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Journal Cover   Journal of Librarianship and Information Science
  [SJR: 0.812]   [H-I: 14]   [714 followers]  Follow
   Hybrid Journal Hybrid journal (It can contain Open Access articles)
   ISSN (Print) 0961-0006 - ISSN (Online) 1741-6477
   Published by Sage Publications Homepage  [757 journals]
  • Why undergraduate students choose to use e-books
    • Authors: Walton; E. W.
      Pages: 263 - 270
      Abstract: As an innovation, the e-book purports to replace the printed book. However, students continue to indicate a preference for using printed books. Nevertheless, many academic libraries report e-book use rates equal to or greater than that of the printed book. In this study, eight factors were investigated as potential reasons undergraduate students chose to use an e-book. A quantitative research design using a convenience sampling method and chi-square analyses was employed in the study. The population of interest was undergraduate students attending a small, traditional, liberal arts institution. Participants indicated leisure reading, conducting research, forced adoption, and convenience were positive factors in their choice to use an e-book. In-class reading was a negative factor in their choice to use an e-book. The availability of the printed book also proved to be a negative factor in the use of e-books. Textbook use and reading assigned readings were unrelated to their choice to use an e-book. When available, students chose to use the printed book; however, when the e-book was the only format available, they used it.
      PubDate: 2014-12-02T21:45:53-08:00
      DOI: 10.1177/0961000613488124
      Issue No: Vol. 46, No. 4 (2014)
  • The impact of reading for pleasure on blind and partially sighted adults
           and its implications for materials provision
    • Authors: Spacey, R; Creaser, C, Hicks, D.
      Pages: 271 - 288
      Abstract: This article reports the findings of research commissioned by the Royal National Institute of Blind People to explore the impacts of reading for pleasure on blind and partially sighted adults. Data were collected via interviews, an online survey and six case studies. The results reveal that for 82% of participants reading for pleasure was ‘very important’ especially to relax and 59% of participants read for more than 10 hours a week. Multiple reading formats including traditional hard copy and digital formats were used by 85% of participants. The implications for materials provision and presentation for libraries and charitable organisations are considered in light of the findings.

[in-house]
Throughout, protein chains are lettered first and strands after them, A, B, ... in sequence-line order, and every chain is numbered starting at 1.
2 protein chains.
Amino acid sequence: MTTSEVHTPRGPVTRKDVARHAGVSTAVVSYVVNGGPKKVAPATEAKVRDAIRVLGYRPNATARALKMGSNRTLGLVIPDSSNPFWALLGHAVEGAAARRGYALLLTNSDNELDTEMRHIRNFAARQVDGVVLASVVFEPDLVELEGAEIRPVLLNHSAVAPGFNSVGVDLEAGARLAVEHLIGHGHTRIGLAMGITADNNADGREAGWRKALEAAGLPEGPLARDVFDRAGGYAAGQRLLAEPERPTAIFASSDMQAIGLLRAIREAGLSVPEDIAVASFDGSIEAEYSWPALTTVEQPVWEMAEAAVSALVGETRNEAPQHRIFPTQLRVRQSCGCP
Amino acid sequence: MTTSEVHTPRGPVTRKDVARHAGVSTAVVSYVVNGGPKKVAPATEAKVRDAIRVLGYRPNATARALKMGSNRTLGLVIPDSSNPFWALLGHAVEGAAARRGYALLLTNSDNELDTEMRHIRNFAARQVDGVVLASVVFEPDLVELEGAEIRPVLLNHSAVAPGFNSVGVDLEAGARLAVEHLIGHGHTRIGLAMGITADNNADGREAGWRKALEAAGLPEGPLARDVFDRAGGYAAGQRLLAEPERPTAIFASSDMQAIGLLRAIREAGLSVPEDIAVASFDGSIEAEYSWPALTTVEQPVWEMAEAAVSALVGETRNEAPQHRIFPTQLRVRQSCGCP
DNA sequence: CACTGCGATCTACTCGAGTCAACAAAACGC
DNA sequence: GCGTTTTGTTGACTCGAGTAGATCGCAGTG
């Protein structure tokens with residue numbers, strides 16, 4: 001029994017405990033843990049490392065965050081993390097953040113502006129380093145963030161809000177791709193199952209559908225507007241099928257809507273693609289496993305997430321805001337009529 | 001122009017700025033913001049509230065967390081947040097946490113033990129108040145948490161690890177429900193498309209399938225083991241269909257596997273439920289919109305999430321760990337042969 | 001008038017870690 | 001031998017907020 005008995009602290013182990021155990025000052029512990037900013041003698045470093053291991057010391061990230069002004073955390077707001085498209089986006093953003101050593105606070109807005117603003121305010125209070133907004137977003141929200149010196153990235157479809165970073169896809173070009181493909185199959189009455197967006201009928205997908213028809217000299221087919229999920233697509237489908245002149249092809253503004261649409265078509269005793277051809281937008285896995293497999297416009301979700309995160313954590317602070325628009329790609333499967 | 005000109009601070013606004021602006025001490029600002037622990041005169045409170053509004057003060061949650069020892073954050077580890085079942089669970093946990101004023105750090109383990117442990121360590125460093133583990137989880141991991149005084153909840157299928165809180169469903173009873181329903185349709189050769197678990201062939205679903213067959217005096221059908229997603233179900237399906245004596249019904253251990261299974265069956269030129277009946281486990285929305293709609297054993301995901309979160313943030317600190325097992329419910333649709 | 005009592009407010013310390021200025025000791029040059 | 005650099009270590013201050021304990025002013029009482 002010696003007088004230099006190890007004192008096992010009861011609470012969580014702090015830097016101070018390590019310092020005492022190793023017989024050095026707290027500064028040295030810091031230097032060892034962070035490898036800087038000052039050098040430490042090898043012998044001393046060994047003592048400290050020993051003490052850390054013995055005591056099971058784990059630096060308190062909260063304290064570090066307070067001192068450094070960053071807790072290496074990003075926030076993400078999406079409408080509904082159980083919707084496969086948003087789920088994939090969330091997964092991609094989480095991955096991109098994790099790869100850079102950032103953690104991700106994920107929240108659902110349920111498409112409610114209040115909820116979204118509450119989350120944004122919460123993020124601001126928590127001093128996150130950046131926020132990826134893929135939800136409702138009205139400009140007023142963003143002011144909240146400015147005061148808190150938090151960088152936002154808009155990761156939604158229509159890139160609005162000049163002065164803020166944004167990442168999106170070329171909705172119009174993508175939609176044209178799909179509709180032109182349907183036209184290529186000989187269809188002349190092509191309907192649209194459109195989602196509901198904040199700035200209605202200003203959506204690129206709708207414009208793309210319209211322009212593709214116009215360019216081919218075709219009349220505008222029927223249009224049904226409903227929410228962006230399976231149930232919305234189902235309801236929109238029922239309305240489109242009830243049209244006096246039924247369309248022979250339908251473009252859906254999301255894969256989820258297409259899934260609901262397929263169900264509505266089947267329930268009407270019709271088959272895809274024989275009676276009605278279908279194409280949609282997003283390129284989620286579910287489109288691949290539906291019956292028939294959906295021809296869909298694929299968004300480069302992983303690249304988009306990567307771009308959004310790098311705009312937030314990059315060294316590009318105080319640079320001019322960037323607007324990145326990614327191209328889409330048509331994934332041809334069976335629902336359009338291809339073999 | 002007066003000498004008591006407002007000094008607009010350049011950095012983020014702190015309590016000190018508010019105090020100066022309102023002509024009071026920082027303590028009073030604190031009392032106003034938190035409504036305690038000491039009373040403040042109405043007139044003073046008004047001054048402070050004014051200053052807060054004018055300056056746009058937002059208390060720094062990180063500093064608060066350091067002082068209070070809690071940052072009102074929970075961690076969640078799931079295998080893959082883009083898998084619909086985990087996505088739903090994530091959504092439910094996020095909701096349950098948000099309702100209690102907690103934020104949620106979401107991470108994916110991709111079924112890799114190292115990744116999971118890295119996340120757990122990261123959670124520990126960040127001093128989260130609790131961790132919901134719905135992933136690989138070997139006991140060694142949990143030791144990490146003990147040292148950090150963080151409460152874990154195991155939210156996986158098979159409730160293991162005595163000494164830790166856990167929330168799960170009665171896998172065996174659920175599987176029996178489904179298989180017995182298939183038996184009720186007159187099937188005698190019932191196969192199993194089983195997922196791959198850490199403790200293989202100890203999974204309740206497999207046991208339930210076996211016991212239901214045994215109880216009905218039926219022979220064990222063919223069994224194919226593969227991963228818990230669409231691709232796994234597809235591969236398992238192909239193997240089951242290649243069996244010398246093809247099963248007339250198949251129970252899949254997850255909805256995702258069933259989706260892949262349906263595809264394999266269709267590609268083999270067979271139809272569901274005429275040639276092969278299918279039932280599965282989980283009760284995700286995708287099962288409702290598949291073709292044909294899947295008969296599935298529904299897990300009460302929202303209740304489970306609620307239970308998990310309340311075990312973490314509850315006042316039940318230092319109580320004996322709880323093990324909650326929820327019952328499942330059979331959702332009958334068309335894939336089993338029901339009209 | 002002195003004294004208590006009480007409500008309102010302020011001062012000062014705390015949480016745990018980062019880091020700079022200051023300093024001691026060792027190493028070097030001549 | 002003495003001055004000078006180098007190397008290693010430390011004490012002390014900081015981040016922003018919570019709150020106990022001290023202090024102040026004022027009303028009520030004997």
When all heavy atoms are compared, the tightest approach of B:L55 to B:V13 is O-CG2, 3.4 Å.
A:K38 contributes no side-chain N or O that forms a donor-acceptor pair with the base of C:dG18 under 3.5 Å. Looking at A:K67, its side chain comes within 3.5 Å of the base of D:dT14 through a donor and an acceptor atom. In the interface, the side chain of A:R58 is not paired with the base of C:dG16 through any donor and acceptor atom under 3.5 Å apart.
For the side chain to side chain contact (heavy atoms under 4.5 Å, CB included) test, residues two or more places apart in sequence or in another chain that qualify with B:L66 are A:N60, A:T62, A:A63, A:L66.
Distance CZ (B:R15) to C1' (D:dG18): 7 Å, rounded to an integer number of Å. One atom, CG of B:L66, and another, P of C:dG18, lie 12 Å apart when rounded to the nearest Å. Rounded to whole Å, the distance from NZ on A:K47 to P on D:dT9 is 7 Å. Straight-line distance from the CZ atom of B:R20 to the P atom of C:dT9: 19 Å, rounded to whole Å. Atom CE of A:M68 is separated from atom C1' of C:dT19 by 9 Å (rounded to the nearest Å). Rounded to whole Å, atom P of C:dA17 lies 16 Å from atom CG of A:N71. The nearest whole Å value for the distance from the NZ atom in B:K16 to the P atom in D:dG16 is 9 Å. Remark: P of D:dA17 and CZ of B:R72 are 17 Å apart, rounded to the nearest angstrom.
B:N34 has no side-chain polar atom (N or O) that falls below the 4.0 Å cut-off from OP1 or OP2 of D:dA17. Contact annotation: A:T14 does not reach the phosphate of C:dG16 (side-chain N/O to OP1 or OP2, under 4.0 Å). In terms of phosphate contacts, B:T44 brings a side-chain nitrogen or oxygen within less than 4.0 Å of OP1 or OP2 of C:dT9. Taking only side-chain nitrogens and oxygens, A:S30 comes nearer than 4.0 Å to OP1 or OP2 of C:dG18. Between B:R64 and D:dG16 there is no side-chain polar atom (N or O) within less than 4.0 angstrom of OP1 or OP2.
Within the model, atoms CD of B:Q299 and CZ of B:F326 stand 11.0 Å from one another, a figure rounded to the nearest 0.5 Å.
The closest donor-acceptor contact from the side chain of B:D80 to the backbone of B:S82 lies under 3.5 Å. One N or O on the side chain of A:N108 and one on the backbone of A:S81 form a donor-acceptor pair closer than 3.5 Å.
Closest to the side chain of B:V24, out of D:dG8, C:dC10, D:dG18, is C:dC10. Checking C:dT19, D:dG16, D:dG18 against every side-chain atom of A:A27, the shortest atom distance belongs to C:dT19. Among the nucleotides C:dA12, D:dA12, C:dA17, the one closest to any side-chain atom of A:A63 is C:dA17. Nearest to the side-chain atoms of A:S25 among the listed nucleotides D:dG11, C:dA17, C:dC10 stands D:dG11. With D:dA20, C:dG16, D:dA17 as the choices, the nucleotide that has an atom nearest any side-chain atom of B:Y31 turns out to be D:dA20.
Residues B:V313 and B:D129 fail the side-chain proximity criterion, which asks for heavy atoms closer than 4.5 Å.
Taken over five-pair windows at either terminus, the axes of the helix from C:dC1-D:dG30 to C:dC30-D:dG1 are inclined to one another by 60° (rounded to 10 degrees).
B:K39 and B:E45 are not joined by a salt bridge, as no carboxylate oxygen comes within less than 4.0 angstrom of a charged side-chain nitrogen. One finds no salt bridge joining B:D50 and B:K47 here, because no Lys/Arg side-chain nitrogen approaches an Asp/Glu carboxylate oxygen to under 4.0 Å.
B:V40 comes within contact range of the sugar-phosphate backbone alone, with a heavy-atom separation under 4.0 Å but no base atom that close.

PubDate: 2014-12-02T21:45:53-08:00
      DOI: 10.1177/0961000613488409
      Issue No: Vol. 46, No. 4 (2014)
  • An analysis of job satisfaction among Croatian librarians as support to
           library human resource management
    • Authors: Dukić, G; Dukić, D.
      Pages: 289 - 298
      Abstract: In the ICT-dominated world, libraries are facing major challenges in an attempt to fulfil their functions. If libraries are to respond adequately to rapid and complex changes, they need highly skilled and motivated employees. As people are an organization’s greatest asset, human resource management in libraries should be given proper attention. Different questions related to job satisfaction are definitely crucial for efficient human resource management. This paper presents the results of research focused on the way in which librarians in Eastern Croatia perceive certain aspects of their work. The analysis shows that Eastern Croatian librarians have a relatively positive attitude to their work, but they are less satisfied with their social status, salary levels, working conditions, possibilities for further training, and interpersonal relations at work. To a large extent, the results of this study indicate that human resource management in Eastern Croatian libraries needs to be improved. Statistical methods were also used to examine the differences in librarians’ opinions with regard to gender, age, professional title and the type of libraries they work in.
      PubDate: 2014-12-02T21:45:53-08:00
      DOI: 10.1177/0961000614530752
      Issue No: Vol. 46, No. 4 (2014)
  • Research data management and libraries: Current activities and future
    • Authors: Cox, A. M; Pinfield, S.
      Pages: 299 - 316